Home News Exchange Canadian Crypto Exchange QuadrigaCX Declares Bankruptcy

Canadian Crypto Exchange QuadrigaCX Declares Bankruptcy

April 09, 2019 12:43
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After months and months of uncertainty and controversies, Canadian-based cryptocurrency exchange, QuadrigaCX declared bankruptcy, on the advice of its court-mandated monitor, Ernst and Young (EY).

According to local news daily, CBC, the exchange was shut down, after it failed to recover the funds, as per the Supreme Court of Nova Scotia orders. At the time, Crypto-News India, had reported that a Canadian judge had given a 45-day extension to the exchange to trace the missing funds which were estimated to be around $140 million.


News portal, CoinDesk had stated that Judge Michael Wood, of the Nova Scotia Supreme Court, said he was satisfied that a stay of proceedings first granted a month ago should be extended by just under 45 days, with the next hearing scheduled for April 18. Creditors cannot sue the exchange until the stay expires or is lifted.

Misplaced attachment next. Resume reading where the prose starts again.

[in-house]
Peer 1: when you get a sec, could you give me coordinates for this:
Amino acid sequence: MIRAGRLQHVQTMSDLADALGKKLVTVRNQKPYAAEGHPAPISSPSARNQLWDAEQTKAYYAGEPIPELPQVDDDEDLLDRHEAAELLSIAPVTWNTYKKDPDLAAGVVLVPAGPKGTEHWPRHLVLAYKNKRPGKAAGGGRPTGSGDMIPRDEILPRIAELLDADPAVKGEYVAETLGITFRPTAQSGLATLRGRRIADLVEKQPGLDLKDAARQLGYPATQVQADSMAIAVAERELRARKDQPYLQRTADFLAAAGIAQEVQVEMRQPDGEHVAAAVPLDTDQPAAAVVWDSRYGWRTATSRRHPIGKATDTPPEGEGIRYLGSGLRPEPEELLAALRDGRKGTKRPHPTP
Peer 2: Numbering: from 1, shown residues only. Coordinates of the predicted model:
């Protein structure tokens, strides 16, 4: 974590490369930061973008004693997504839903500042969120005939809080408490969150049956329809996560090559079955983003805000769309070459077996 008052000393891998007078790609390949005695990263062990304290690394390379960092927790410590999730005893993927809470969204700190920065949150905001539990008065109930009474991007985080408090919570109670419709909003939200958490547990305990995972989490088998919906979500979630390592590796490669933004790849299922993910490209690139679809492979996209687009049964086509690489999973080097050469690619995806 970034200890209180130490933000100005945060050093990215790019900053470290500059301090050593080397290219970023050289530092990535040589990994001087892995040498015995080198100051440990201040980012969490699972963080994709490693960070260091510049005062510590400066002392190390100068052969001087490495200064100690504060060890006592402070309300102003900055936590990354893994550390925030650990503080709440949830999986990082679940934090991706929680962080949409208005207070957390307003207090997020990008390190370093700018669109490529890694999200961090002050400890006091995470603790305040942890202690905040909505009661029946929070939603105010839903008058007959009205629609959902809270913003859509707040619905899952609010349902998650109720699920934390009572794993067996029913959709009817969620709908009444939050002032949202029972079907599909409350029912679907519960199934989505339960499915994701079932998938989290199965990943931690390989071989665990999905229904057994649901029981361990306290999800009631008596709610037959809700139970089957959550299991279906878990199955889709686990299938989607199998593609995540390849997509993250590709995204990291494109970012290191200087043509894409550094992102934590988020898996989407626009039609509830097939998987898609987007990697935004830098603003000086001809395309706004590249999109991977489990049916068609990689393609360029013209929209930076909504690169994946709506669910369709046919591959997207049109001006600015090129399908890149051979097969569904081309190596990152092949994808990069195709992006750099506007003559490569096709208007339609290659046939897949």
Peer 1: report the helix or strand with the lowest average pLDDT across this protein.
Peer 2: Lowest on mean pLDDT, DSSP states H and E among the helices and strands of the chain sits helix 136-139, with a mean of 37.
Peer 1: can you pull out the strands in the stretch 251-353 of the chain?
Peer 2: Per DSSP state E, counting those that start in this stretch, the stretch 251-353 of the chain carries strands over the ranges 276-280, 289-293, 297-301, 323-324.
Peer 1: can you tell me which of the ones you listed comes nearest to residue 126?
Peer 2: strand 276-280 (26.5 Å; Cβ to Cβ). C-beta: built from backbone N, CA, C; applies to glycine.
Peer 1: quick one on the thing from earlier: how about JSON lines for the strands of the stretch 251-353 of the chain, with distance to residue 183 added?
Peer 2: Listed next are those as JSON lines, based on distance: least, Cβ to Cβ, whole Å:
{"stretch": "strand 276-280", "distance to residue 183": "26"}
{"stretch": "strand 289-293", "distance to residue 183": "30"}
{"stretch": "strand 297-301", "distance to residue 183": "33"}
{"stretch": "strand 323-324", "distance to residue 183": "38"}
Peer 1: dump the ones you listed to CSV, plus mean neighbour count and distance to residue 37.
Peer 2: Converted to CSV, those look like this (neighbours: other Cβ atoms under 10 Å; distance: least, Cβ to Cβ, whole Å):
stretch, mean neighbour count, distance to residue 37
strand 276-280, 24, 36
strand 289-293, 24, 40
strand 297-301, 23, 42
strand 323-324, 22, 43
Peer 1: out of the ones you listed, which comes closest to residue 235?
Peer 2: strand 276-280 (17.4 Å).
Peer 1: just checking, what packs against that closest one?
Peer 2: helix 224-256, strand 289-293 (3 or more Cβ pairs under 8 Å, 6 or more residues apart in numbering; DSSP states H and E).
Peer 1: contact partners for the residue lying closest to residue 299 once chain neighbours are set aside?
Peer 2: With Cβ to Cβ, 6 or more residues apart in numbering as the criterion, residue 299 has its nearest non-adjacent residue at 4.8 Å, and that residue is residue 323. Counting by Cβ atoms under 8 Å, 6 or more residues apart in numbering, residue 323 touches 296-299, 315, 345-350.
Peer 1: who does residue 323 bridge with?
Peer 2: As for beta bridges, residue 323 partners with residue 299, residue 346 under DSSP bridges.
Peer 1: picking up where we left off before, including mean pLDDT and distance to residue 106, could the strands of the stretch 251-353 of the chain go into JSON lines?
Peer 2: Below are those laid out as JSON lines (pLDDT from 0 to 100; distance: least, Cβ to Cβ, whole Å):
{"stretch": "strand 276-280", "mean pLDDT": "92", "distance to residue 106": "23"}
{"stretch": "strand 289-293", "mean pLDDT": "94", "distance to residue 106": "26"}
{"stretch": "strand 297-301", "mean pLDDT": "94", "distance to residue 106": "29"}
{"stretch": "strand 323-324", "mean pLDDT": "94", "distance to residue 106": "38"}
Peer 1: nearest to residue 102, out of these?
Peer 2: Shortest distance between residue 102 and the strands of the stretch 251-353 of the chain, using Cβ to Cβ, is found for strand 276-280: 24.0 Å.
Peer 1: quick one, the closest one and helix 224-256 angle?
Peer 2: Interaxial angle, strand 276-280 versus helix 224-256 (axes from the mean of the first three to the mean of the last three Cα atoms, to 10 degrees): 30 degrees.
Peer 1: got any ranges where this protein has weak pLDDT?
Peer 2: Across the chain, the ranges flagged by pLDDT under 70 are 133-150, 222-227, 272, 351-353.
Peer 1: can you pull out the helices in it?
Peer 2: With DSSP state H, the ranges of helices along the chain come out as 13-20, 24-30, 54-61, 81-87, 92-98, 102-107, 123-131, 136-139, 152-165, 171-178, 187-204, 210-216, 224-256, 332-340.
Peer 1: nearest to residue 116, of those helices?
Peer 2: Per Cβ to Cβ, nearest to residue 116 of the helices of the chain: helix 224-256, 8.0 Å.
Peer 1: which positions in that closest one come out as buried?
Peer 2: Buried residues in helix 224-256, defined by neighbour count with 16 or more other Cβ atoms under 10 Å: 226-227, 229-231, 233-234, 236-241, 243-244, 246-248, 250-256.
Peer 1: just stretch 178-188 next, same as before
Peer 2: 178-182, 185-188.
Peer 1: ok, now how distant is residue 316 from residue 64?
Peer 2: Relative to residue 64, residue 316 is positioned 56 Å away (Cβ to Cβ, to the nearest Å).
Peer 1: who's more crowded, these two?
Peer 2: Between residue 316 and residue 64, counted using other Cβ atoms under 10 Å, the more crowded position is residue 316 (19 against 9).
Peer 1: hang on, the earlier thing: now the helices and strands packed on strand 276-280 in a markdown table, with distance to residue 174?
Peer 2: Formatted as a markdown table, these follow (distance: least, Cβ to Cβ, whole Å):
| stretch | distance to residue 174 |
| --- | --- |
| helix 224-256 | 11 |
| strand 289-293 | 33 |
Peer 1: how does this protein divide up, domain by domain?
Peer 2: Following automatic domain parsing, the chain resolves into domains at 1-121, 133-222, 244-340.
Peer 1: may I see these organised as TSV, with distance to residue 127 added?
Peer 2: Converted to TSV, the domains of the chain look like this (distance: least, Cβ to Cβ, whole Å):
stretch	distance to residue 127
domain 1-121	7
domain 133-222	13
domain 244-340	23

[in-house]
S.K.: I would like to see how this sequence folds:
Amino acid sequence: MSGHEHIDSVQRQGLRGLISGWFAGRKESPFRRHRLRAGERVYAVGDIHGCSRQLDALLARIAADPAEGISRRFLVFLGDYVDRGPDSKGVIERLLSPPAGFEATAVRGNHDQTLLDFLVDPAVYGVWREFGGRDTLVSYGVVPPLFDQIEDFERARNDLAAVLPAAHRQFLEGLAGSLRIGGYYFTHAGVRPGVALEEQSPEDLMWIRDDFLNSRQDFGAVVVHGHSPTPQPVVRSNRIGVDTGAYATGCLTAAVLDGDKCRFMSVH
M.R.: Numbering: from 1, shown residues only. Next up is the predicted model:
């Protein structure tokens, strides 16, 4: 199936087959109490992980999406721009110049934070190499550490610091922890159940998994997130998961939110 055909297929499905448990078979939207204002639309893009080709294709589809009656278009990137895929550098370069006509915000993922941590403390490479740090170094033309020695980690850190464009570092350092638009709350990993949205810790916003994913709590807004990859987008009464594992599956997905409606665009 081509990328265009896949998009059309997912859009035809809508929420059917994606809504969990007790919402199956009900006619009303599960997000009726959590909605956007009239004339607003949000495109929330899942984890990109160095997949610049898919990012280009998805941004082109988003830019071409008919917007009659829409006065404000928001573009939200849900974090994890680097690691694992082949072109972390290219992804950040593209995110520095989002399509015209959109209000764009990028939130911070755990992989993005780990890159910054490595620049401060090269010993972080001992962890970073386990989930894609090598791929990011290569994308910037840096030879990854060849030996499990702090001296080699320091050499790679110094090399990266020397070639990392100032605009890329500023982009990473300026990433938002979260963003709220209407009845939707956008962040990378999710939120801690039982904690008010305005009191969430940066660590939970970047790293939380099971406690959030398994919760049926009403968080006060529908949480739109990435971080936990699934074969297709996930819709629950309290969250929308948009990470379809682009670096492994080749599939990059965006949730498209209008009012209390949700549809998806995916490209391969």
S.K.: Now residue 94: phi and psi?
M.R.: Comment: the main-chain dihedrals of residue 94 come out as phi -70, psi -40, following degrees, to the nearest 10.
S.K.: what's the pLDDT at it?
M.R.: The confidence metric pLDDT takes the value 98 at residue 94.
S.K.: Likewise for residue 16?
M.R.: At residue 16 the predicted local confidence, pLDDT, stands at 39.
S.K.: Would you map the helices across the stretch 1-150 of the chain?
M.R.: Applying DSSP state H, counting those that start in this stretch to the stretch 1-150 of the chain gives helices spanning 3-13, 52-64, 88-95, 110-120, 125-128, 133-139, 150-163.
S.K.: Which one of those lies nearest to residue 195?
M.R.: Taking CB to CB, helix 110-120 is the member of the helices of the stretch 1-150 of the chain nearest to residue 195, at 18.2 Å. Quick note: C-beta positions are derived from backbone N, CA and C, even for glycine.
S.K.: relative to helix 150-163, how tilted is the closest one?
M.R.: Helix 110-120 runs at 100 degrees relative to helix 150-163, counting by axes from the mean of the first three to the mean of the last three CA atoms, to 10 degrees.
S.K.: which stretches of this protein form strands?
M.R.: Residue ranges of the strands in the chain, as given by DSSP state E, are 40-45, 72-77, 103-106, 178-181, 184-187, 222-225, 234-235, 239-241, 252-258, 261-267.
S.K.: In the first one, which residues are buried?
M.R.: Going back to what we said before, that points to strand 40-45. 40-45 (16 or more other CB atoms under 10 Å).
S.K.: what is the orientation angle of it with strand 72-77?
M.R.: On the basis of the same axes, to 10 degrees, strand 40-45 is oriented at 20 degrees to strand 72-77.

Maurice Chiasson of Canadian law firm Stewart McKelvey, which was representing the exchange said, “We owe it to everyone in the process to go on as long as is reasonable.”

News portal CoinTelegraph reported that the move was approved by Nova Scotia Supreme Court Justice Michael Wood, and follows the court monitor Ernst & Young’s (EY) recommendation that it should be declared bankrupt earlier this month.

The portal further revealed that EY’s legal team argued that the ongoing restructuring process for QuadrigaCX under the Companies’ Creditors Arrangement Act (CCAA) should shift to an alternative process under the Bankruptcy and Insolvency Act (BIA).

The ruling now grants EY enhanced investigative powers as a trustee under the BIA, which means the company can require production of documents and testimony from witnesses.

Apart from that, Wood also granted a so-called asset preservation order from EY, which extends to all assets held by Jennifer Robertson — the wife of Quadriga’s late co-founder Gerald Cotten — and the Cotten estate. The order prohibits Robertson from selling, removing and transferring any assets.

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